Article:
Tuesday, February 06, 2007

Rehab is NOT a quick fix

So Gavin Newsom, cute hunkastoopidactions San Francisco mayor that he is, is the latest to "enter rehab" for his alcohol abuse. He joins -- just in recent days -- Lindsay Lohan and Isaiah Washington. We saw Mel Gibson, supermodel Kate Moss, and Robin Williams there last year, along with Congressman Mark Foley (eeuuuwww). And a bunch of others.

It seems to be the "in" thing to do these days. Get drunk in public? Have an affair with your best friend's wife? Verbally abuse a colleague or an ethnic group -- or make passes at youngsters? Go to a party without underwear on and throw up all over everybody? Aha! Go to rehab and all will be forgiven!

Admittedly California is reallllly big on rehab/12 step programs. There's a 12-step program here for just about anything you can think of, and nearly everyone I know has either been in a program or has a friend or family member who has/is. That's quite unlike places I've lived previously, where 12 step programs are attended quietly and very anonymously by folks who want help.

30 days in a rehab program does not a reformed (insert your favorite addiction) make, regardless of the enthusiastic, penitent proclamations most of these celebs make after their stint.

It takes years. YEARS. And it's hard work. Any person who is involved in a 12-step program and honestly making an effort to change will tell you that it isn't just a matter of stopping whatever addiction you have. It's changing your whole attitude, your friends, your hangouts, your habits, and especially your thinking. That is, of course, if you're going to succeed in learning to live one day at a time.

Hundreds of thousands of men and women have dragged themselves to 12-step programs because they were at the very bottom of their lives, or near enough to scare them, and just could not live that way any longer.

They don't do it because it's the quick way to seek forgiveness and get back in good graces with their fans or their families or the media, or their political party. Indeed, some of them are never forgiven by those they've hurt. They do it because they hurt too much inside NOT to do it.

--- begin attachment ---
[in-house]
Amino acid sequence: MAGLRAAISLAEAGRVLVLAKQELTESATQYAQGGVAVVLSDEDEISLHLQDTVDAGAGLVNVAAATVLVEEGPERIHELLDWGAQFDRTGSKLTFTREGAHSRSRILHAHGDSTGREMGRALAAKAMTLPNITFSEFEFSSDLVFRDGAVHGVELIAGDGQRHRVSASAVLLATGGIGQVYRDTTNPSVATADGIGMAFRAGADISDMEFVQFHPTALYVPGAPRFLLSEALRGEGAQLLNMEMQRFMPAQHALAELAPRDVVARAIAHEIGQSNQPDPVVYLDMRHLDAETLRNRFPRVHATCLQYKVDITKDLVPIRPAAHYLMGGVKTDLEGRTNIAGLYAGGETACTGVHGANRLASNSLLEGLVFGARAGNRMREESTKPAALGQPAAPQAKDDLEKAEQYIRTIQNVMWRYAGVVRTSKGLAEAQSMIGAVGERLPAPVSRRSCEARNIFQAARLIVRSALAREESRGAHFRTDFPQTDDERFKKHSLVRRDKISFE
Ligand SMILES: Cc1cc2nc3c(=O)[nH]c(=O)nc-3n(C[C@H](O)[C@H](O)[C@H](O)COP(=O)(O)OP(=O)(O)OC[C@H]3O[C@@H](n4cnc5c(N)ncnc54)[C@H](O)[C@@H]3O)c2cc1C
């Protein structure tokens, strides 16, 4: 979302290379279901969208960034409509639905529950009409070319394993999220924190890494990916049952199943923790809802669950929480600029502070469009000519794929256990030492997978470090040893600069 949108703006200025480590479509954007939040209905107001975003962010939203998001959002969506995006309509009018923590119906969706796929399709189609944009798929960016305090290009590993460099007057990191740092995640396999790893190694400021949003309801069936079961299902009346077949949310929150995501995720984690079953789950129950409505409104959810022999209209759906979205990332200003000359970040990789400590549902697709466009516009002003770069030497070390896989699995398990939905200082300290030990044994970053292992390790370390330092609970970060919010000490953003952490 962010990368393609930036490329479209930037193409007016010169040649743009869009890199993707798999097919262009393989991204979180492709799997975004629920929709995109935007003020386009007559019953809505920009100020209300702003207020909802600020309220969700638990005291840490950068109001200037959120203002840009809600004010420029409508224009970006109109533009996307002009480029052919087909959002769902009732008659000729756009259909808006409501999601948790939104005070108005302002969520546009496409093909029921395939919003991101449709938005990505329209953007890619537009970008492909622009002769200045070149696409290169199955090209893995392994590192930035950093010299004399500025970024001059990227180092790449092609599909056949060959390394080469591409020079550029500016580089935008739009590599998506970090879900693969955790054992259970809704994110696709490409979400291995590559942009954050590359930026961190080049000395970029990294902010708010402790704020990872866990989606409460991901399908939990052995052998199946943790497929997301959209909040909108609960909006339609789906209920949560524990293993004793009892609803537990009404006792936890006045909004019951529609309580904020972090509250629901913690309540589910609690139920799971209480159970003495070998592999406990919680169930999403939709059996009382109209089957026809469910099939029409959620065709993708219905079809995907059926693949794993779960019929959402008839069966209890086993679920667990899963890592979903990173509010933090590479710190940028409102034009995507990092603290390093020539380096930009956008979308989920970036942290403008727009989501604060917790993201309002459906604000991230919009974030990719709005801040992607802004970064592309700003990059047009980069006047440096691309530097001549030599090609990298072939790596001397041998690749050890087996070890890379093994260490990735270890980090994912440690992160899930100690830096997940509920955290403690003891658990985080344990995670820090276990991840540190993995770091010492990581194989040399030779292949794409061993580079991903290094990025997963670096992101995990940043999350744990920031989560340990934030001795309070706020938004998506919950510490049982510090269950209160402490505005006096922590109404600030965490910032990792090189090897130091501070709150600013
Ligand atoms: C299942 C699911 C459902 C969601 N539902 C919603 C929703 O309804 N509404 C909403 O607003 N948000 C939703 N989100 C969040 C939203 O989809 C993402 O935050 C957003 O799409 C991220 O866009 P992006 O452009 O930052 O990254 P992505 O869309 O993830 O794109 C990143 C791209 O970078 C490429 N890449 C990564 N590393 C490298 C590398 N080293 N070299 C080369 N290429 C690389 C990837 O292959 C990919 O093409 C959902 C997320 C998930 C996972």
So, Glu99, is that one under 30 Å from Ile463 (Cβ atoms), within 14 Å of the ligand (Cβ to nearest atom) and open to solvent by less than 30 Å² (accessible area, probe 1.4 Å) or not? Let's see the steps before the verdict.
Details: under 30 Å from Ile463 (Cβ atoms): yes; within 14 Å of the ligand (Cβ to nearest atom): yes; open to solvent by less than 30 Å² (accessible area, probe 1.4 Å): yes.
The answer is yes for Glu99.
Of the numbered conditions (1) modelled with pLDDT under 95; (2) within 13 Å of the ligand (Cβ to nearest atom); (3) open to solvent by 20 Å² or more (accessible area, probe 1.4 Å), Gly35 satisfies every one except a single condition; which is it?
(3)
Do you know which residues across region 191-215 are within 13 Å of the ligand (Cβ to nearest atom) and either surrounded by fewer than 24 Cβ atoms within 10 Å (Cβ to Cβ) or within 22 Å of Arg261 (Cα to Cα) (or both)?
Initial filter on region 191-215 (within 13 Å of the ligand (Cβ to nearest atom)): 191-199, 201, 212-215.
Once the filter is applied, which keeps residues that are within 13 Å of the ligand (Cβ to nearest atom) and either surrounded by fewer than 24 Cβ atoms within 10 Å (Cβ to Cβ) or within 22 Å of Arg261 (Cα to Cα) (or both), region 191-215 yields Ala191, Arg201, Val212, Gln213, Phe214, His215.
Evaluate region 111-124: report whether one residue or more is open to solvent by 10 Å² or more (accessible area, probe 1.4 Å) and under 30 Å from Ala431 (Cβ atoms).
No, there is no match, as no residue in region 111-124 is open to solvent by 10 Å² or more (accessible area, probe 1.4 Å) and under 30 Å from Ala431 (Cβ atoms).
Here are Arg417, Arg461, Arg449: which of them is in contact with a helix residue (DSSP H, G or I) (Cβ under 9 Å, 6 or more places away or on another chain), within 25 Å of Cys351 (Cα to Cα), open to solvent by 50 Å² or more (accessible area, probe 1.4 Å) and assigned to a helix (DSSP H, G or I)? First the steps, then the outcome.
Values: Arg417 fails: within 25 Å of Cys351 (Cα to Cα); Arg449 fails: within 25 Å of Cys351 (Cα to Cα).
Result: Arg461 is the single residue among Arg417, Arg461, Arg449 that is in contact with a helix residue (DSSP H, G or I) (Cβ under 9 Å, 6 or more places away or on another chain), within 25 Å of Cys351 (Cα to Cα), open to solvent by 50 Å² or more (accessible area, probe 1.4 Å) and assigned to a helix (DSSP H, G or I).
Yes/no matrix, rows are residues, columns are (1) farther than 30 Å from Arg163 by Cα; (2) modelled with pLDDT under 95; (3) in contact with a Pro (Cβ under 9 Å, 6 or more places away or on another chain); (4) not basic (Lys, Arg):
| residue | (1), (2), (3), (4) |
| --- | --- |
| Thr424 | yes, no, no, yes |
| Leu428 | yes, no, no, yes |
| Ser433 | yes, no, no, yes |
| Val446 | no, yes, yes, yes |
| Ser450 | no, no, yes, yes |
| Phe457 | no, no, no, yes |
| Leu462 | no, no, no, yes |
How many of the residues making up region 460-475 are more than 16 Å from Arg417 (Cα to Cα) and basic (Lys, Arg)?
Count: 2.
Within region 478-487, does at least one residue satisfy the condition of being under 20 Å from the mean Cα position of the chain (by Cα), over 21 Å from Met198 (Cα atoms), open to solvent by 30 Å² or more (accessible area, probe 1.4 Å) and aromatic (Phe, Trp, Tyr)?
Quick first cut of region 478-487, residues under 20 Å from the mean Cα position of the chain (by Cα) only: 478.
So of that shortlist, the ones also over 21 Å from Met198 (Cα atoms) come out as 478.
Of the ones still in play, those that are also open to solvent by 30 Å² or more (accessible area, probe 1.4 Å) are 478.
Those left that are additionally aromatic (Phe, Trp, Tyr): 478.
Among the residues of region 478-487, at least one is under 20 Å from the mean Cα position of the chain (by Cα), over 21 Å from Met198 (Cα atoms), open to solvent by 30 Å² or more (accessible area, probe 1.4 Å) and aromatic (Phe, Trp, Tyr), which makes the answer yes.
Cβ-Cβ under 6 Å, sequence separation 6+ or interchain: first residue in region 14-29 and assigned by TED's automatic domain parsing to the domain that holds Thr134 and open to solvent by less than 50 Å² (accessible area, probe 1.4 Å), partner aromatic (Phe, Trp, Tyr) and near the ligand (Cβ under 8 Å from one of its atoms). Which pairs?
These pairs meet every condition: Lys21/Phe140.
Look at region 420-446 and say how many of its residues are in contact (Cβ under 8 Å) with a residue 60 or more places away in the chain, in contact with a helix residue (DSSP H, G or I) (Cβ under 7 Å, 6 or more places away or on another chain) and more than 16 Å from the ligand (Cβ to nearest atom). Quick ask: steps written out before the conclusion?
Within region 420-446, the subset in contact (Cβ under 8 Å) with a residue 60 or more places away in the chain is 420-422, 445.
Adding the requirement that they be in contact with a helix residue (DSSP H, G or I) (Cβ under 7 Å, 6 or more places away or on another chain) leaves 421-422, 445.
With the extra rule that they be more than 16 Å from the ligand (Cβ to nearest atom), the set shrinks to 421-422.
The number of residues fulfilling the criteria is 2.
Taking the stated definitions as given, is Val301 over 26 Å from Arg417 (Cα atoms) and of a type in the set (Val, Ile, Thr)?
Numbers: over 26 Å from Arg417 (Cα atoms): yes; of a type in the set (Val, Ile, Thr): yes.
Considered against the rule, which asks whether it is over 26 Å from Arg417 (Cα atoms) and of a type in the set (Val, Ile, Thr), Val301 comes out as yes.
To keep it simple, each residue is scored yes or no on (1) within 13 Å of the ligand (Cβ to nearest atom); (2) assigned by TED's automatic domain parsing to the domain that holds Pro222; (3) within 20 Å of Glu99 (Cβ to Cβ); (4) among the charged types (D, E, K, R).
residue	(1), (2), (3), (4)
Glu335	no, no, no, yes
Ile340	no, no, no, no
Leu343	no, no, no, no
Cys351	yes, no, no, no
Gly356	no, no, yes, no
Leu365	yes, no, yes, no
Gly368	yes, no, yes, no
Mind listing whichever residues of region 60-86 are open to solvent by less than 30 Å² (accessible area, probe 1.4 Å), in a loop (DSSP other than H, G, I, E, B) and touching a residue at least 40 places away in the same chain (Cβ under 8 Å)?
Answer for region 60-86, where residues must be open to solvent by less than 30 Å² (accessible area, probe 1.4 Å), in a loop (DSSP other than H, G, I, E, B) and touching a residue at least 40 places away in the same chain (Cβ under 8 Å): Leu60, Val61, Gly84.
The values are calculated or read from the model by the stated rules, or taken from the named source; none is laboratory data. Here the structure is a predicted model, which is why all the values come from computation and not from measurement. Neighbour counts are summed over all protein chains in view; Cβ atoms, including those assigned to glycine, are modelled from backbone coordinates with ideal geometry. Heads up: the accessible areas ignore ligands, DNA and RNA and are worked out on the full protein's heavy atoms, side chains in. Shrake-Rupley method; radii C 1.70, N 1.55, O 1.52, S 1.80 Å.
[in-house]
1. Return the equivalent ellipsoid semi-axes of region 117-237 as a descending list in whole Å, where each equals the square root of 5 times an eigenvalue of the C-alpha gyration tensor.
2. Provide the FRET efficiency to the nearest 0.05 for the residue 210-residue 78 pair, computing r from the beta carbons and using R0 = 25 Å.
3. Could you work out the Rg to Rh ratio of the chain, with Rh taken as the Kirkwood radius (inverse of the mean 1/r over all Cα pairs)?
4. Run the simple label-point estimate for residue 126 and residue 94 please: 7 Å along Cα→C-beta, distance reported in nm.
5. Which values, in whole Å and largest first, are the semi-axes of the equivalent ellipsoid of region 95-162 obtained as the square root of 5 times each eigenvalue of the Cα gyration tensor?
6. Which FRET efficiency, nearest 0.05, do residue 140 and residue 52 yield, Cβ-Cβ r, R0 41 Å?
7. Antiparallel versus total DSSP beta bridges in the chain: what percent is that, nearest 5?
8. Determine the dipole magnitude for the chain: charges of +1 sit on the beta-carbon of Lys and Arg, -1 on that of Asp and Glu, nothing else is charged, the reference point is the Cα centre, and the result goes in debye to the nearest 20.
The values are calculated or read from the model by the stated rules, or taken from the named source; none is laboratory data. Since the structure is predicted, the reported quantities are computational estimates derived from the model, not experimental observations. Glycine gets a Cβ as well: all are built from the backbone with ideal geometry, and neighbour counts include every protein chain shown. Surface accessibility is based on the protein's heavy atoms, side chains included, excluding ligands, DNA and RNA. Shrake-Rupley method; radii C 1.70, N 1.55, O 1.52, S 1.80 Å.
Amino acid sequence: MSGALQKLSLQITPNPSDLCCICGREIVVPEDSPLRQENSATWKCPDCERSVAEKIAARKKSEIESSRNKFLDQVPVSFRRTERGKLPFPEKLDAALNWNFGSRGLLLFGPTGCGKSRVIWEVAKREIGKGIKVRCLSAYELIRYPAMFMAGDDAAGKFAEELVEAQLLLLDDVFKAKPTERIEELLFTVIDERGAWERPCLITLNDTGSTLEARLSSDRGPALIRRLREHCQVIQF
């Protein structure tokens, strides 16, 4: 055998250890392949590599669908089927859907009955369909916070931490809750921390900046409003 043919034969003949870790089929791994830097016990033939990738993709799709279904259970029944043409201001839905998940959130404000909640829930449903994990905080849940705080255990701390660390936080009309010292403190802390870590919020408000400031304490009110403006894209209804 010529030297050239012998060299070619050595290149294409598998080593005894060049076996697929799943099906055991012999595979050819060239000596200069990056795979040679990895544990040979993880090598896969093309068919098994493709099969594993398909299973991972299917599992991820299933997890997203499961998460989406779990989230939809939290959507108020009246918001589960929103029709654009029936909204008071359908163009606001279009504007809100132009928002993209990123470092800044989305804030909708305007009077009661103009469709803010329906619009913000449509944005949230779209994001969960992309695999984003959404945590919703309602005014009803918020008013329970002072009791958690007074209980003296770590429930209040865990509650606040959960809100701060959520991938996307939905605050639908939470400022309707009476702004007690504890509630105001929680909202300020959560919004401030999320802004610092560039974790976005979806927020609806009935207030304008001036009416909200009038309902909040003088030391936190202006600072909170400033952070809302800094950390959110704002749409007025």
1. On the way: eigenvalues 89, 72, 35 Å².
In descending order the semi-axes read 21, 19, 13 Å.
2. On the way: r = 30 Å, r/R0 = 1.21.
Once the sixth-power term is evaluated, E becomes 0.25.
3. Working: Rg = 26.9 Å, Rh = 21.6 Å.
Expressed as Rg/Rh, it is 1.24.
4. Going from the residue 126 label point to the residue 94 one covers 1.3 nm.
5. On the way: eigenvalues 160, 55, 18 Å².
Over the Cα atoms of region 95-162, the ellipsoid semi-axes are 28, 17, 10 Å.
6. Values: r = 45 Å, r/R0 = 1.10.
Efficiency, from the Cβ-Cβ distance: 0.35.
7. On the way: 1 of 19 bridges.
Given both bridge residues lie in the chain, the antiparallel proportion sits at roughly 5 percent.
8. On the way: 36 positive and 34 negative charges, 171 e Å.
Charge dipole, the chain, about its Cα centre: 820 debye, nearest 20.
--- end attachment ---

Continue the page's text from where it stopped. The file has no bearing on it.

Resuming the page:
The casual, apologetic "going into rehab" does an enormous disservice to those who struggle so painfully with their addictions. It trivializes the process through which true change occurs as some 30-day wonder treatment that will make everything allllll better.

You celebrate each milestone in rehab: 24 hours. One week. A month. Six months. A year. And every anniversary after that. Sometimes they relapse, and go back to start all over again. Sometimes they relapse and never come back, sinking back into the muck from which they came. I celebrate each 24 hours with those who struggle through the process, one day, one minute at a time. You rock!

But I'm really tired of the celebrity quick-fix rehabbers. They'll keep going back, you can be sure, but it won't be because they've been working the 12-step program and sincerely, painfully, trying to change their lives. They'll be back because they never intended to truly work on their issues in the first place.

*I know there are a very few celebrities who have indeed achieved the "recovering" status through their persistent and hard work. They seldom make a big public display of it, either.

I'm also reading Eleven Minutes by Paulo Caelho.

1 comment:

Anonymous said...

I couldn't agree with you more. Most people may not know, but behind most addictions lies depression. Without dealing with underlying causes of addictions "rehab" is only a temporary fix.